On Friday, I found myself discussing the use of Eaton's reagent with a coworker. Many people know it as a handy alternative to polyphosphoric acid (PPA) for acylations, Friedel-Crafts reactions and the like. It's even endorsed by Milkshake. A simple 7.7 wt% solution of phosphorus pentoxide in methanesulfonic acid, it's not as viscid, viscous or unpleasant to work up as PPA. And it's commercially available. But neither my coworker, nor many other people I know, are aware of Eaton's other contributions to the synthetic world. He's still an emeritus professor at the University of Chicago, and you can read about his interests on his website, but what he's most famous for, unbeknownst to many younger chemists, is his synthesis of the cubanes.
2330 - update: Just noticed the Tot. Syn. writeup. Check it out for an alternative discussion! Funny that this work's two weeks old, yet we both write about it today!
An Efficient Synthesis of (+)-Loline Alkaloids
I just noticed this very efficient enantioselective synthesis of a trio of the loline pyrrolizidine alkaloids reported by Trauner and coworkers back in June. Although loline has been known for more than a century, prior to this work only one enantioselective synthesis had been reported, and at 20 steps in length - that's well over two synthetic operations per carbon atom - it's as good an example as any to illustrate the point that size isn't always what makes a target challenging. Trauner, with characteristic German efficiency, took only 9 steps to reach loline through clever use of some simple and largely well established chemistry. Reading this paper reminds me of one of the most important axioms for designing anything (syntheses, websites, software, machinery...): that a thing should only be as complicated as it needs to be - and no more.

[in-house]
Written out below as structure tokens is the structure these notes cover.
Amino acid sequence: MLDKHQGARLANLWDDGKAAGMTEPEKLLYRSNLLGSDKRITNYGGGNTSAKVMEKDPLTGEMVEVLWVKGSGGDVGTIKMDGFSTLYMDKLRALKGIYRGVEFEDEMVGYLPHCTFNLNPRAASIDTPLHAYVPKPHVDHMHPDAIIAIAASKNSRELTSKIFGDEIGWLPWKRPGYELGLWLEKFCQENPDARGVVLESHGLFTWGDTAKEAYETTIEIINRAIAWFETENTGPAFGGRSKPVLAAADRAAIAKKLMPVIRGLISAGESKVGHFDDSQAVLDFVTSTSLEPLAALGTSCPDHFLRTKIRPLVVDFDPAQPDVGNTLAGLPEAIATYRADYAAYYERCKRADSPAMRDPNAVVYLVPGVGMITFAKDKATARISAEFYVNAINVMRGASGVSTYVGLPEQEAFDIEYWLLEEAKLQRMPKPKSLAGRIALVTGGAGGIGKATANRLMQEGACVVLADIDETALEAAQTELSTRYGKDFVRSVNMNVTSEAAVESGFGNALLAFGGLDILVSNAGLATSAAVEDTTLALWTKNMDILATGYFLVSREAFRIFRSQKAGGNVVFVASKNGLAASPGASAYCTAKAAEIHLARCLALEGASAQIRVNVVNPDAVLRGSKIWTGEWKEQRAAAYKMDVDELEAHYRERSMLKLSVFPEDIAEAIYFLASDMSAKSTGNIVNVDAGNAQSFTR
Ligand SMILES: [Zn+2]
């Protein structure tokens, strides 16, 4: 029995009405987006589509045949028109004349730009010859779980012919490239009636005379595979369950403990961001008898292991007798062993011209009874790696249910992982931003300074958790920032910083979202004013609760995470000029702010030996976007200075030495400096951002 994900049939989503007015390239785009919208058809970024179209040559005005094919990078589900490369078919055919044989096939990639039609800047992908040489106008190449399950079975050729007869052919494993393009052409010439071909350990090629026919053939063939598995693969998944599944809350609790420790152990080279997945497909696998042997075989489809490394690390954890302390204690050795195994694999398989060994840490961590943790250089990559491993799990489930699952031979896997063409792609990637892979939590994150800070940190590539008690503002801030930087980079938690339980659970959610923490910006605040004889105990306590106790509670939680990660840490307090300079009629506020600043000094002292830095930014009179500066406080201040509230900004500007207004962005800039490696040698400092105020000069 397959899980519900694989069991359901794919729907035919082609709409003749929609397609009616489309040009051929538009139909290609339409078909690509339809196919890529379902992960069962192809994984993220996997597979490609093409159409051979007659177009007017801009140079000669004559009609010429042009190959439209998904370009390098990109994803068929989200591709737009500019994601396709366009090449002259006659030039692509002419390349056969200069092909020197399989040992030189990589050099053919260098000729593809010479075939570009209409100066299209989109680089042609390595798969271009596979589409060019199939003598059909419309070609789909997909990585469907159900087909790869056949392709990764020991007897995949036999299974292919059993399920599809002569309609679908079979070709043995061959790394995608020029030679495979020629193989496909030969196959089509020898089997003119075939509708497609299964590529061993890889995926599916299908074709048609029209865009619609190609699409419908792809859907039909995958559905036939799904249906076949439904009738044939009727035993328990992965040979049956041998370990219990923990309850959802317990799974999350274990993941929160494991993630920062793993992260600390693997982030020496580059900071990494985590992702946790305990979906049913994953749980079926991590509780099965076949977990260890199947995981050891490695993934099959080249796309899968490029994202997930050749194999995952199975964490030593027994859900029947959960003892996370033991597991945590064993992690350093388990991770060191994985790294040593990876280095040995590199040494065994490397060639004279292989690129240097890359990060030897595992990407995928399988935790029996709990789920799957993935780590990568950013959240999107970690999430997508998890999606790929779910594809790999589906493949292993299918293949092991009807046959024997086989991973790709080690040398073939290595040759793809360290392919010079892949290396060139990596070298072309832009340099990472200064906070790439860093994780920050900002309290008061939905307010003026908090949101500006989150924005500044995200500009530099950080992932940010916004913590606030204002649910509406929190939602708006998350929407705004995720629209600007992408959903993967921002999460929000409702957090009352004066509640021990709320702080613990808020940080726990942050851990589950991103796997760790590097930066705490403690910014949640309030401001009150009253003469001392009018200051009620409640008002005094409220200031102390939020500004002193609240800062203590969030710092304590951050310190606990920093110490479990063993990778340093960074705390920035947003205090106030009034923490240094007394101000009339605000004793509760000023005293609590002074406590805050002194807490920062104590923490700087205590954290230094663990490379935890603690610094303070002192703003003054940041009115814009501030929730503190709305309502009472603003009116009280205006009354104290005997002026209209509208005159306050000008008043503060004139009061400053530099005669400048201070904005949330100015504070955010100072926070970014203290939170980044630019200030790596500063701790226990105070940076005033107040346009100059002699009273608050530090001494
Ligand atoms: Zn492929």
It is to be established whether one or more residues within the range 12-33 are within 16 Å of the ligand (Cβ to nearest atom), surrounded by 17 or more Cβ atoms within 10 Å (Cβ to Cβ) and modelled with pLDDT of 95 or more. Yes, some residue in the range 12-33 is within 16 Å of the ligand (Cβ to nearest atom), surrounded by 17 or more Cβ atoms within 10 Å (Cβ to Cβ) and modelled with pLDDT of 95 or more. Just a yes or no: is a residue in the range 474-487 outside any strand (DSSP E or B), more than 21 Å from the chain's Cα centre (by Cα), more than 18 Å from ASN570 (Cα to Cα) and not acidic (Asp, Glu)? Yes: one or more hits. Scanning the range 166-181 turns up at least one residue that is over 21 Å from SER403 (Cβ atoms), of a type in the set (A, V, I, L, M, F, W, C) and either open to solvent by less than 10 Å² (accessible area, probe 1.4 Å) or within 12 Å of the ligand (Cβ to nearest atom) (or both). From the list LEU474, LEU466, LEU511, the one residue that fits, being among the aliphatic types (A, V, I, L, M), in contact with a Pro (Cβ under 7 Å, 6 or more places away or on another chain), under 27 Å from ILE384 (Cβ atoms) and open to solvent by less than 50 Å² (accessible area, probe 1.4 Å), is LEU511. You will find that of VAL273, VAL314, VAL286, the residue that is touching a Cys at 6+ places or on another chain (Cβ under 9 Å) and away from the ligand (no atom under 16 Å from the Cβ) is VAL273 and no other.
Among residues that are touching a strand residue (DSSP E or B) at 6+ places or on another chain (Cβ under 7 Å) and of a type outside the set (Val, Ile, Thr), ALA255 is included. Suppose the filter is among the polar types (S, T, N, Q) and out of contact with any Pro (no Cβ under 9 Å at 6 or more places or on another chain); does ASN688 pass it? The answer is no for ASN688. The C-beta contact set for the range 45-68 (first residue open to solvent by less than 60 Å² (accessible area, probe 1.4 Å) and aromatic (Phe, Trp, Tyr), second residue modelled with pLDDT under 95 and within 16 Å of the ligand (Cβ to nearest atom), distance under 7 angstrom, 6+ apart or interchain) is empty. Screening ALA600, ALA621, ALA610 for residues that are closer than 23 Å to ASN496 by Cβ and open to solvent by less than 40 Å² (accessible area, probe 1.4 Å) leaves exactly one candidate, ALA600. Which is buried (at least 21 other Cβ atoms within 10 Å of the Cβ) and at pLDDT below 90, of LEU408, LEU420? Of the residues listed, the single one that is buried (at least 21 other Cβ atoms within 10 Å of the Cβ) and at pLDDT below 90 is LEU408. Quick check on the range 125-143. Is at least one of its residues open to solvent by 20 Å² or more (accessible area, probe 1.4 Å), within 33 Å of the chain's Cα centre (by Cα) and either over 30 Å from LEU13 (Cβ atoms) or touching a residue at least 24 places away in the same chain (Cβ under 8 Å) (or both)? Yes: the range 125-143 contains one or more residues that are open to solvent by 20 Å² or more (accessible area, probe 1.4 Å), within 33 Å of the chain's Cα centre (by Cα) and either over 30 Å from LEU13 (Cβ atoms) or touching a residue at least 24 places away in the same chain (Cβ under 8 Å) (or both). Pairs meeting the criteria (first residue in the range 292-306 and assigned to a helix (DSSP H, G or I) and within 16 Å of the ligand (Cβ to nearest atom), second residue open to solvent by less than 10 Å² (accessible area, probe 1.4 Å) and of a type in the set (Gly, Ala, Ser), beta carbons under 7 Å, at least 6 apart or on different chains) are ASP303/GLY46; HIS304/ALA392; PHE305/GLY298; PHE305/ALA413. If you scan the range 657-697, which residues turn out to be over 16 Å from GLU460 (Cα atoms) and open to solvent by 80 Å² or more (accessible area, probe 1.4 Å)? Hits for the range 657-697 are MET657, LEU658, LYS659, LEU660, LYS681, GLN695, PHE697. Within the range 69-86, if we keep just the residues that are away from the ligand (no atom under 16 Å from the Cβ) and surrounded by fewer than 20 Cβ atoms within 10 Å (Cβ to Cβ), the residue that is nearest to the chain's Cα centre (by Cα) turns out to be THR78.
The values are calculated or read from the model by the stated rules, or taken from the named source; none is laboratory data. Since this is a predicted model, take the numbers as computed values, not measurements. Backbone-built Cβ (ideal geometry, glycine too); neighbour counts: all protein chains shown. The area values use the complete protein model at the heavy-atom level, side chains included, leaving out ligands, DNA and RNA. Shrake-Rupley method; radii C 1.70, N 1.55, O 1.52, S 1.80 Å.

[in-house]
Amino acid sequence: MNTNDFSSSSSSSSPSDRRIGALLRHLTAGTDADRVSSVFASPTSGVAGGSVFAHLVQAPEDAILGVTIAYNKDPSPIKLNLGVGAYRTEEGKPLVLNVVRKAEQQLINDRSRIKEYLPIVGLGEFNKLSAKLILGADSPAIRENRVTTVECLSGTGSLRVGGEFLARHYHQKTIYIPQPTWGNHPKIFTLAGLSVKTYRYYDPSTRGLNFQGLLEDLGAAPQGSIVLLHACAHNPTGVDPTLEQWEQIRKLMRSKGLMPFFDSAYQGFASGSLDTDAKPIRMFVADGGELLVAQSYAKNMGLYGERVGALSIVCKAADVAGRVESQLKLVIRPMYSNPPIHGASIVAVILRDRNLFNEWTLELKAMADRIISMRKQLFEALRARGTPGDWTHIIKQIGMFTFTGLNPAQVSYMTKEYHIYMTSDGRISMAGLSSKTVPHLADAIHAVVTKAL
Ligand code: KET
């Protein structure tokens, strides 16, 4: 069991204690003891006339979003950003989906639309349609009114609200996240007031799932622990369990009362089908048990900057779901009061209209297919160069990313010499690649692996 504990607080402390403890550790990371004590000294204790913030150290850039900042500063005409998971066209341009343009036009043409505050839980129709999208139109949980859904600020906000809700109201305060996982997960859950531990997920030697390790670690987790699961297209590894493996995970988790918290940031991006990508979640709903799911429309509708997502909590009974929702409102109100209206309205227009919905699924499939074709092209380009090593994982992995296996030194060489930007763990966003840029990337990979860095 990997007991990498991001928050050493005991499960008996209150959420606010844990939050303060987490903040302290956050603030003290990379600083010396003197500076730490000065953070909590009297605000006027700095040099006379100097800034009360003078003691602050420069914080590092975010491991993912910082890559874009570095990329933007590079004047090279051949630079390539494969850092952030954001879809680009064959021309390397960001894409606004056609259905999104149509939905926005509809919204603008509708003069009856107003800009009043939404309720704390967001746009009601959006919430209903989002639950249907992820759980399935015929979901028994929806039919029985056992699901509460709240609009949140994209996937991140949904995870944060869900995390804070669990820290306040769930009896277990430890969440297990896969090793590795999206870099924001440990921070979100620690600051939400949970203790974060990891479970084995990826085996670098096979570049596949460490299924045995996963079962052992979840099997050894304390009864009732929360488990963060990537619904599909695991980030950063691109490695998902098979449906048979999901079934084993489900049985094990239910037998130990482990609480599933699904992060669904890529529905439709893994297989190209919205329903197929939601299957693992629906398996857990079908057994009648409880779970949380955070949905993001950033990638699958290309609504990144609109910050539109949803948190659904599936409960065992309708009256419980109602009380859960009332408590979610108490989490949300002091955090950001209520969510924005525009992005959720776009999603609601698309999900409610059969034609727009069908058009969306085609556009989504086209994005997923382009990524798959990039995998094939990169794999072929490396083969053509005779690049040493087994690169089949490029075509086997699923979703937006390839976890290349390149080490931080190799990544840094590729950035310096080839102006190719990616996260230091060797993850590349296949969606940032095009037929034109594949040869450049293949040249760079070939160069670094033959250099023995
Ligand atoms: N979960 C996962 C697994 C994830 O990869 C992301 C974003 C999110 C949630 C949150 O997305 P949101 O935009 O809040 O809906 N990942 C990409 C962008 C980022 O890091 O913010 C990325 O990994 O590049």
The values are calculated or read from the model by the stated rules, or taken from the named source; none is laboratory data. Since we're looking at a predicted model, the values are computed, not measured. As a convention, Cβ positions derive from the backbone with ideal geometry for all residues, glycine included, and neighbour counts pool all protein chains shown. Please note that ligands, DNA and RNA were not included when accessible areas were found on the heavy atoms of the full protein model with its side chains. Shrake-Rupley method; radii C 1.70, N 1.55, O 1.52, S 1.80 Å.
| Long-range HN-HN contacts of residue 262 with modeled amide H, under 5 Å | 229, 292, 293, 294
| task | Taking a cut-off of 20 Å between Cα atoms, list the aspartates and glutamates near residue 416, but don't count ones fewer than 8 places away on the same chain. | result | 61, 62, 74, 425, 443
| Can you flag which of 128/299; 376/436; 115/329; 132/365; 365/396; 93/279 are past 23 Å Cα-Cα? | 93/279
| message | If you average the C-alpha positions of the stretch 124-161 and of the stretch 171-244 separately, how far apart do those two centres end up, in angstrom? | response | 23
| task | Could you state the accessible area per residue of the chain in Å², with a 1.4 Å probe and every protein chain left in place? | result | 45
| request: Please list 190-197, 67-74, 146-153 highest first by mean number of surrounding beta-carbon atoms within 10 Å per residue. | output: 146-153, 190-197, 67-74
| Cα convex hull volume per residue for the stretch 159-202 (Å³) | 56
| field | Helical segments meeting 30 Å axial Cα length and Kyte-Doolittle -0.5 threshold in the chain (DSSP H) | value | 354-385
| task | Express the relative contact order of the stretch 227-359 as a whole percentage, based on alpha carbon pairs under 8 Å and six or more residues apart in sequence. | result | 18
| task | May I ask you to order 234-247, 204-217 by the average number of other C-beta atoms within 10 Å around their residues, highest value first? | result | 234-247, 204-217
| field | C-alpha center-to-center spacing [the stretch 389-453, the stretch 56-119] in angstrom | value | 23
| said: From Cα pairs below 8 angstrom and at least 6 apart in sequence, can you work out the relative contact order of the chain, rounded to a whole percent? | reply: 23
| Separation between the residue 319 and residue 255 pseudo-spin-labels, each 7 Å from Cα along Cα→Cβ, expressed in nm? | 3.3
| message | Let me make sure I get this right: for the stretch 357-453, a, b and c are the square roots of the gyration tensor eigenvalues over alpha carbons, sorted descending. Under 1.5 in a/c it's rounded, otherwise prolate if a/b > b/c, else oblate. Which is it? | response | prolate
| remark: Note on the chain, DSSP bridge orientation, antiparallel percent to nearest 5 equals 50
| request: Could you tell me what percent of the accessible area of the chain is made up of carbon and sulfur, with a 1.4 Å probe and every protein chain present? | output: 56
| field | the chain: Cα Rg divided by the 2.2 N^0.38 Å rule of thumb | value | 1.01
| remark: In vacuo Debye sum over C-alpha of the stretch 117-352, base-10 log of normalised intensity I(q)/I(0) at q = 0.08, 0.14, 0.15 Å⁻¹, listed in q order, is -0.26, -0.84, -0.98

Now over a hundred years old, the venerable Hugershoff reaction is a great way to convert aryl thioureas to 2-aminobenzothiazoles. Classically, an aryl thiourea in chloroform is treated with an equivalent of bromine at around room temperature then the product is just filtered off. The first step is believed to be bromination on sulfur, followed by electrophilic aromatic substition in the usual manner. Yields are generally good (in my experience), but it's important to get the electronics of the ring right - some activation is usually required, but if it's too electron rich then bromination on the aromatic ring can compete with bromination of the thiourea.
There's actually very little information on the reaction available through casual googling - it has no wikipedia page and I don't believe it's even been reviewed. You're not limited to elemental bromine, with NBS and other halogenating reagents reported to work. A similar transformation (via a different mechanism) can be accomplished by treating aryl thioureas with iodine(III) reagents, or even DDQ.